In the past 21 months, I’ve completed four fantasy books (under my other name) of 155K, 135K, 136K, and 77K words, without working hard enough to stress me out. I finished Mr. Harding Proposes in the 30 days of Nano.

So, yes, I write fast, and I sometimes worry that fellow writers in the Facebook and Nano writing groups I belong to might get pissed at how fast I write. I know I get envious of some of the successful authors in my groups, so I can’t help but think that a younger writer who is excited about writing 1000 words might have their enthusiasm dampened by me writing 50,000, and I don’t want that. I want to celebrate my victories, yes, but I celebrate their victories, too. The important thing isn’t how much you write, as every writer is different, but that you write. So I thought I’d put down the reasons why I think my production is high and shouldn’t be compared to someone who doesn’t have these advantages.

  • I am retired. My time is my own.
  • I don’t have children or any family closer than two states away.
  • Due to the above, I can keep a schedule of writing, comfortably fitting in with my creative time of day. Six days a week, for 2-4 hours between lunch and dinner, I am writing.
  • My roommate – and best friend since 1969 – loves my stuff. She gets each scene as I write it, and she gets sulky if she doesn’t get to read that night because something happened to keep me away from the keyboard. Once she’s read a scene, she wants to talk about it and about my characters. This is priceless.
  • I have been writing for about 50 years. I have been writing steadily for about 40 years, by which I mean writing almost every day. Until I was 42 and decided to get in gear and get published, I wrote fanfic, meant for the enjoyment (and fantasies) of my roomie and myself. This adds up to a lot of experience, which keeps me from ever getting serious writer’s block or thinking “I can’t write”. Because I know I can. I’ve done it.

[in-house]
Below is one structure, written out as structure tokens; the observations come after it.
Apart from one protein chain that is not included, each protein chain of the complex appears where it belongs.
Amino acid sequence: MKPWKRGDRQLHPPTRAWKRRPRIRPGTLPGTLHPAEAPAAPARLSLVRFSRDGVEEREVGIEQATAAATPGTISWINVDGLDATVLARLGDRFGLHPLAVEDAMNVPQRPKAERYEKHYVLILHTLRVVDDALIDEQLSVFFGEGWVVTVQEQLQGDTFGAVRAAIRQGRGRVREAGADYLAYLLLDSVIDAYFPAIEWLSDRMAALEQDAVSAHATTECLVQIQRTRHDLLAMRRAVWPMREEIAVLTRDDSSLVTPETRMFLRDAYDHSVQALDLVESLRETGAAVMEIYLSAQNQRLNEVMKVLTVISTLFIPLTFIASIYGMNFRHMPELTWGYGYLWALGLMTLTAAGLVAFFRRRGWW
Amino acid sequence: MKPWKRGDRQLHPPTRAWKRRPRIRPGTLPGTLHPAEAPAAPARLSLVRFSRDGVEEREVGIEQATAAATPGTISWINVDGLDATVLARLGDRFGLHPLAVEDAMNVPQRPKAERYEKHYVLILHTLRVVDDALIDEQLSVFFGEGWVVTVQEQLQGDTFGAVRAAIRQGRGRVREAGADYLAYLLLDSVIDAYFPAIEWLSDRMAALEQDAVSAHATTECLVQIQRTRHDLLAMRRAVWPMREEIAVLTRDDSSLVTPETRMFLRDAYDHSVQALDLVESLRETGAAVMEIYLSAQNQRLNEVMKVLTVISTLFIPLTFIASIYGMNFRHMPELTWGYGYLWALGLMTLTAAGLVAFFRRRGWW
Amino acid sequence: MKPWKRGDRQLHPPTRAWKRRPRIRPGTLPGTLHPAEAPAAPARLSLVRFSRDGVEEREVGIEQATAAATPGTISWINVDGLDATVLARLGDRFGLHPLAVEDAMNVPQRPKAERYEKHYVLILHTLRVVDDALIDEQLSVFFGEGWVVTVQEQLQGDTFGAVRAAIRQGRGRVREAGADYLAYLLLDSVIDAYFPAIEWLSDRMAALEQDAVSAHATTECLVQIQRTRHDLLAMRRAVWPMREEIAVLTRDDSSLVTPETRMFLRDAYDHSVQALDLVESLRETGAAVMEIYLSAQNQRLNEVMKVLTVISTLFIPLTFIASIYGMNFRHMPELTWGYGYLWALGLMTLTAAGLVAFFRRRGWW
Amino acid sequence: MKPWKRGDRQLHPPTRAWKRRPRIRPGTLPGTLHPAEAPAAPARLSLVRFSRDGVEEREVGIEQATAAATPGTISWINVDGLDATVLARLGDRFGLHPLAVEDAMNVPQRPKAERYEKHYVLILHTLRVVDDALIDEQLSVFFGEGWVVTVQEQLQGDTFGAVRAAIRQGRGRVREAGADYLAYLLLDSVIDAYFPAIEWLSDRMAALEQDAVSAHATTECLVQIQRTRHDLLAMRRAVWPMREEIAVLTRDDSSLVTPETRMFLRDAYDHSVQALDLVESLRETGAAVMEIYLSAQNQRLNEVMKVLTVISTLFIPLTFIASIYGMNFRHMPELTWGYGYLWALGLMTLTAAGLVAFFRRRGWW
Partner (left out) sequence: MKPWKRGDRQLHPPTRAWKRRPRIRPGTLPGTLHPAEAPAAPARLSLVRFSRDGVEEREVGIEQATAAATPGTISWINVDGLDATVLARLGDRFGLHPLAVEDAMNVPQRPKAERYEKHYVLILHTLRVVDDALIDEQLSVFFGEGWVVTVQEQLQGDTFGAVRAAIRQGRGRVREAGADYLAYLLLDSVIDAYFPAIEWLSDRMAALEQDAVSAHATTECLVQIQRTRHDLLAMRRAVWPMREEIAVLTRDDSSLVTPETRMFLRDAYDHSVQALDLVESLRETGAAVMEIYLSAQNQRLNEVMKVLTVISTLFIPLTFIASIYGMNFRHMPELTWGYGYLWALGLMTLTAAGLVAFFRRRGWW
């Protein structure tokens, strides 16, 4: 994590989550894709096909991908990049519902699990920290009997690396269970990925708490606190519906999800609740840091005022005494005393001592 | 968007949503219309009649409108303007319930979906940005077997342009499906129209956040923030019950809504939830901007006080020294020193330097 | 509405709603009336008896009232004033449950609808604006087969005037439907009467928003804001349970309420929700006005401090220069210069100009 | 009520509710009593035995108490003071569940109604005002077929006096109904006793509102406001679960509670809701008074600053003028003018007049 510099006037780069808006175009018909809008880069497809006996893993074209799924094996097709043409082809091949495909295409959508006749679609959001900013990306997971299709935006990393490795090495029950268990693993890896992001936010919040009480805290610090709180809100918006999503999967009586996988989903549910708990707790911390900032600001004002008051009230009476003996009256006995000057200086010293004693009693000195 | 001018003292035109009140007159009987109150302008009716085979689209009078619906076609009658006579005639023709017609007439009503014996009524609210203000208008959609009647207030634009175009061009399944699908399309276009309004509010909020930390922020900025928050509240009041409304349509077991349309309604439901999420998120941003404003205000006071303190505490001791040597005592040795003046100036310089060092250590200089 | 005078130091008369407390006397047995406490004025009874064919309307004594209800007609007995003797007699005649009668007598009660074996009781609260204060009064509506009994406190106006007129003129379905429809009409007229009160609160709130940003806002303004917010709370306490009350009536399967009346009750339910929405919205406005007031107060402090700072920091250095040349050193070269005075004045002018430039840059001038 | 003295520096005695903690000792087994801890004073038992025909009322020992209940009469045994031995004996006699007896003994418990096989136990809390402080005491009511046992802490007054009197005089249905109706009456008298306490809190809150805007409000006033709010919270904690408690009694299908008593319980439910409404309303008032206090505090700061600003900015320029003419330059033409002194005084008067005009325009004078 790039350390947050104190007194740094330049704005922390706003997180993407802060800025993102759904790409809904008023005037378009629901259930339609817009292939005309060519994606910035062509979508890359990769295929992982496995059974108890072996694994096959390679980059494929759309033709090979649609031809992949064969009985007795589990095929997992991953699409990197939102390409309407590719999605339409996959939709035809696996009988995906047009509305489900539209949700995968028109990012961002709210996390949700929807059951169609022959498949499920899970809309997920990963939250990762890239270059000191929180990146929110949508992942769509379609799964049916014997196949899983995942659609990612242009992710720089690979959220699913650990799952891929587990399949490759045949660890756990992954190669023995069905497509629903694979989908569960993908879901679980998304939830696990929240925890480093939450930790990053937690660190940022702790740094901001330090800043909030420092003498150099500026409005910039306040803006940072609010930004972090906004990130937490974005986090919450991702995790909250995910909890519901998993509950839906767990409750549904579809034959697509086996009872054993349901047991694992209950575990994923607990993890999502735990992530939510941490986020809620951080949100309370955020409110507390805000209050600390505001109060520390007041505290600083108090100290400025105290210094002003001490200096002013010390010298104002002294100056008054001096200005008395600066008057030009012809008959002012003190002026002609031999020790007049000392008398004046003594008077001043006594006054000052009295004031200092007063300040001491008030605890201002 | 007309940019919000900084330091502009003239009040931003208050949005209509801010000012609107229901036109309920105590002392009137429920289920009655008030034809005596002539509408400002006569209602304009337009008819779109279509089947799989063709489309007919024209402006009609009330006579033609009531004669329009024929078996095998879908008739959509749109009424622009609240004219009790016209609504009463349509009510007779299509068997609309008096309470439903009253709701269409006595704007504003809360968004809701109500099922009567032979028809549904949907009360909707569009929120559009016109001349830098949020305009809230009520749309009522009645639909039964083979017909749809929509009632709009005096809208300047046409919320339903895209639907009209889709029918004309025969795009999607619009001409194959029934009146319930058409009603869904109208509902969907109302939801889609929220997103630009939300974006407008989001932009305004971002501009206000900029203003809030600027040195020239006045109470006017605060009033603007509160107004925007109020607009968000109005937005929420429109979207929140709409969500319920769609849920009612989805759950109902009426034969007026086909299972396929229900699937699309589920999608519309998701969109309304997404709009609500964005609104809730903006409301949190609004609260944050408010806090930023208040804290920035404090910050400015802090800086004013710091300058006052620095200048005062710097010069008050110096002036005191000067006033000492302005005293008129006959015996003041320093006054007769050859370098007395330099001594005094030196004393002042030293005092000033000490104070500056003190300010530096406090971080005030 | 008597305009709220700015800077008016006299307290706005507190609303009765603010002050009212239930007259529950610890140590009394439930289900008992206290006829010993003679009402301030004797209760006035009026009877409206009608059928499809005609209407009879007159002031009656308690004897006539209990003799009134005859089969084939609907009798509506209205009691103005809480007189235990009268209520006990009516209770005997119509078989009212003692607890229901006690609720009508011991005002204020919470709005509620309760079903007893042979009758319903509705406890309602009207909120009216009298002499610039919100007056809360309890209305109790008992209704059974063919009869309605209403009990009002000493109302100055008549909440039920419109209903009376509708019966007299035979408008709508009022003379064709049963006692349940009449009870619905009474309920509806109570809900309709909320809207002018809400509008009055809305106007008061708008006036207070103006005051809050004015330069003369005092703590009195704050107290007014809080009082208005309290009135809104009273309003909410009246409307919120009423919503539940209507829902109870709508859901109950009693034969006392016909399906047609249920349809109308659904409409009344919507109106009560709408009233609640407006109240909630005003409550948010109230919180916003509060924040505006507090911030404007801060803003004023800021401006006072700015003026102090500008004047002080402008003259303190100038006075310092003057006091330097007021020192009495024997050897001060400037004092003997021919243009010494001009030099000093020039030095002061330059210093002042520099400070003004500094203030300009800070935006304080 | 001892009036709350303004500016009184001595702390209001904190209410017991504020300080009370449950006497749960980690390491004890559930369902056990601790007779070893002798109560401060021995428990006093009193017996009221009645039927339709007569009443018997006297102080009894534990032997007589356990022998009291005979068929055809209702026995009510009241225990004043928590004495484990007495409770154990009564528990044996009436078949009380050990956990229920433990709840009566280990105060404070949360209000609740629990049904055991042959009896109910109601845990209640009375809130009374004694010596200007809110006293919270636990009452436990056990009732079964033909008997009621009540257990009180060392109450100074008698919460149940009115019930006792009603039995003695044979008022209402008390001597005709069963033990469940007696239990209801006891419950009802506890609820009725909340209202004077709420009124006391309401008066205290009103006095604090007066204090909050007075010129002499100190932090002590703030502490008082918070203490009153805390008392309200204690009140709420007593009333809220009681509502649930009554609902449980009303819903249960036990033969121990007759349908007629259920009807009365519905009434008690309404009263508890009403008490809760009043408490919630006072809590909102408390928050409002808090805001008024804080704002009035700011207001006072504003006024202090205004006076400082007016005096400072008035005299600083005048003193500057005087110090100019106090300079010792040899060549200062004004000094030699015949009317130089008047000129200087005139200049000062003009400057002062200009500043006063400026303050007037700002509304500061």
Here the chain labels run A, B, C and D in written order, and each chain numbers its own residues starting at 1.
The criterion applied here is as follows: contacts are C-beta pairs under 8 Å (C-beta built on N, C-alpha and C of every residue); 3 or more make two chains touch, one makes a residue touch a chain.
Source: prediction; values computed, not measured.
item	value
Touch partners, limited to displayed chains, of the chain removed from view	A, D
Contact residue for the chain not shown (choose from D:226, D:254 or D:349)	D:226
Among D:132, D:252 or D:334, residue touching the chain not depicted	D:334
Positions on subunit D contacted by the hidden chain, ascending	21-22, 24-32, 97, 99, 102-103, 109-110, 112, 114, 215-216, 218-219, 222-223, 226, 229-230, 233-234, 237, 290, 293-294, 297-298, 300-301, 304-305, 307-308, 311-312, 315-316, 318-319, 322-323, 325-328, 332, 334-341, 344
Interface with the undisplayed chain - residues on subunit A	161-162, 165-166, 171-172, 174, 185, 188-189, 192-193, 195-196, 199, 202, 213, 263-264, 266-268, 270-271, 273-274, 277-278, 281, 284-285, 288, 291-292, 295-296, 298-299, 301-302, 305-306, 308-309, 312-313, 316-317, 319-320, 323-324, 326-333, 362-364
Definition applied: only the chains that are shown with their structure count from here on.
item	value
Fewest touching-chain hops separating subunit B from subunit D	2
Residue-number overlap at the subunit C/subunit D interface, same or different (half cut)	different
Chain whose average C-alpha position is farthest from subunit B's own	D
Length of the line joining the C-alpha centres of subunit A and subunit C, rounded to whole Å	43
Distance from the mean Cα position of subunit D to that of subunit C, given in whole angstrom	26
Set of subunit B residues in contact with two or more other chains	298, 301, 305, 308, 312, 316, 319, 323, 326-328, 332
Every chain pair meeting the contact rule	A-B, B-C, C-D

• I am a voracious reader and movie watcher, so before I learned to outline, I formed plots to showcase the characters based on books and movies.It also gave me lots of experience on what works and what doesn’t, and why.
  • I have spent a lot of money and time studying the art of writing. I’ve subscribed to Writer’s Digest for about 30 years, and I have a whole bookshelf of writing-about-writing books, plus more on my Kindle. I don’t do this just to learn my craft, but also because I just like reading about writing. But I have learned a lot and from some excellent teachers.
  • I’m not a great writer, and I accept that. I call myself “a talented hack”. My writing isn’t poetic or pretty, but plain and ordinary. Symbolism, if there at all, is by accident. Because my language is simple and I accept that, I can write fast.
  • I love grammar (yeah, really), and I have a degree in English. So I don’t have to worry much about the grammar as I write.
  • I have a natural ability to concentrate. I can see my scenes as movies in my mind, and then I can just write them down, no matter what’s going on around me. Of course, now that I’m not writing at work, that’s less important, but still helpful.
  • I’ve done a lot of reading and research in the Regency period – in my non-writing time! – and I’ve organized a lot of notes, so I rarely have to slow down my writing to look something up.

So I have advantages that other writers, especially young writers and writers with full-time jobs, just don’t have. Not yet, anyway.

Since I retired only 3 years ago, you can do the math and see that I’ve done nearly all my writing while holding down full-time jobs. How did I do it? I can only say that I loved writing so much that I made the time to do it as often as possible, while neglecting things I didn’t like. Such as housecleaning. This isn’t something I would recommend to anyone…